Dr Li said they had studied ten years of power trading among the four countries, especially Lao and Singapore.

"But Thailand and Malaysia would also benefit from this because the power goes through their territories and they can carry out some sort of relay power trade in between," he said.

Dr Li said, "Based on the current level of power demand in all four countries, we also projected the future power demand growth over the next ten years and this level of demand is already enough to justify power interconnection between Laos and Singapore."

He said Laos, Thailand, Malaysia and Singapore had determined that the transmission line was technically feasible but had yet to work out a business model for the cross-border trade. He estimated that construction could begin in one or two years’ time.



Jan 5, 2015

IHH Healthcare and BGH, McDonalds and CPF



IHH Healthcare and Bangkok Hospital (BGH), McDonalds and CPF. These were 2 news items that caught my attention today.

IHH Healthcare is reportedly targeting a 11.5% stake in Bangkok Hospital, the Thai, acquisition-machine, behemoth otherwise known as Bangkok Dusit Medical Services. The Star broke the news about IHH possibly funding the stake with a mix of cash and issuance of new shares. The Straits Times reported the same news a few hours later (as usual!). And the latest from Reuters is BGH themselves refuting the news.

''BGH has not been contacted by IHH... BGH has no plan to issue new shares to IHH'', rest of article here.

To put things in perspective, the 11.5% stake in BGH is worth slightly over S$1.2 billion when the first article was written, based on 17.20 baht per share. Today, BGH closed at 18 baht per share, up 4.65%. That is almost S$60 million more expensive, if IHH is really going to pursue the stake.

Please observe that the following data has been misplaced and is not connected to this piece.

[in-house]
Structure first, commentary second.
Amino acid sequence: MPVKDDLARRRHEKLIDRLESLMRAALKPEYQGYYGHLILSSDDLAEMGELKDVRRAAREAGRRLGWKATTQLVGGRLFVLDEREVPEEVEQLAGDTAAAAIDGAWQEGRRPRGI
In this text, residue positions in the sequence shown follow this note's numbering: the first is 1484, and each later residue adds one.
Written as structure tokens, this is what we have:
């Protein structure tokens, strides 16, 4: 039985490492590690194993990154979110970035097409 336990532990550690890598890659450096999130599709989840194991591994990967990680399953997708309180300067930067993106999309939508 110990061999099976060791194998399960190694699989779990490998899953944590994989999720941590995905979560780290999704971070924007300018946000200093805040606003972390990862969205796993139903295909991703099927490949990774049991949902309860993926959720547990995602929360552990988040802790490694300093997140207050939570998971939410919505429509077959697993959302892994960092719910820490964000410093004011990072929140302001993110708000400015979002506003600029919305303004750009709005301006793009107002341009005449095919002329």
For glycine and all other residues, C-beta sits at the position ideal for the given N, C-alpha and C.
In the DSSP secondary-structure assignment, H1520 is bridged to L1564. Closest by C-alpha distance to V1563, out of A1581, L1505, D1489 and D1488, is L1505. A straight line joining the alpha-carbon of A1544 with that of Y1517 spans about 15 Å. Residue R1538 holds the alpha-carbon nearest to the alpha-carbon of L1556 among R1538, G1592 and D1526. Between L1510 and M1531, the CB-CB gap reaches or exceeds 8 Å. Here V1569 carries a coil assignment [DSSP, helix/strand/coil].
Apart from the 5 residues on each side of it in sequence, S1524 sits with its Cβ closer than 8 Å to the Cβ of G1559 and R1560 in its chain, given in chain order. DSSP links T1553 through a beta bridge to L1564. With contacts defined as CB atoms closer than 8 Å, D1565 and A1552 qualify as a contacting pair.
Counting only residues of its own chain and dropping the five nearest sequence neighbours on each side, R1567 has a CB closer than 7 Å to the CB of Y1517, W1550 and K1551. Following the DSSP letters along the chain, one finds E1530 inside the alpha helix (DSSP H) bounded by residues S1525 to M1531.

It is not uncommon for both the target and acquirer to both come out and publicly deny this kind of news, and then a few weeks later, the acquirer makes the offer in a supposed about turn. Perhaps in this case, someone really spilled the beans too early. This could be a minor example of the ''rumor theme'' I pointed out in a previous post. Regardless of whether the offer is going to turn out real or just smoke, the +4.65% number today is real.


The second news, a piece of vinyl was found in a chicken nugget sold in an outlet in Aomori, and the offending nugget is being sent to Tokyo for investigation.

Vinyl? What the hell is that supposed to mean? A gramophone record? Or a piece of PVC?

Why are you so surprised? What did you think your chicken nugget is made of anyway? Hah!

Well, Mcdonalds Japan had been relying on three plants in Thailand for Chicken McNuggets ever since the saga of Shanghai Husi Food Co. last year. Now, did the vinyl come from McKey or Cargill?

That is not determined for now, and well, Cargill is Cargill, and McKey... GFPT owns 49% of McKey Food Services, who also distribute to McDonalds Thailand. 

GFPT is a competitor of CP Foods. If not GFPT, then who? Well, CPF will be more than happy to step up to fill the orders. Just like how they are going to feed the Russians!

Crystal balls and smoke

It's that time of year again, where we put everything down and engage in that archaic ritual of crystal ball gazing. Simply put, it...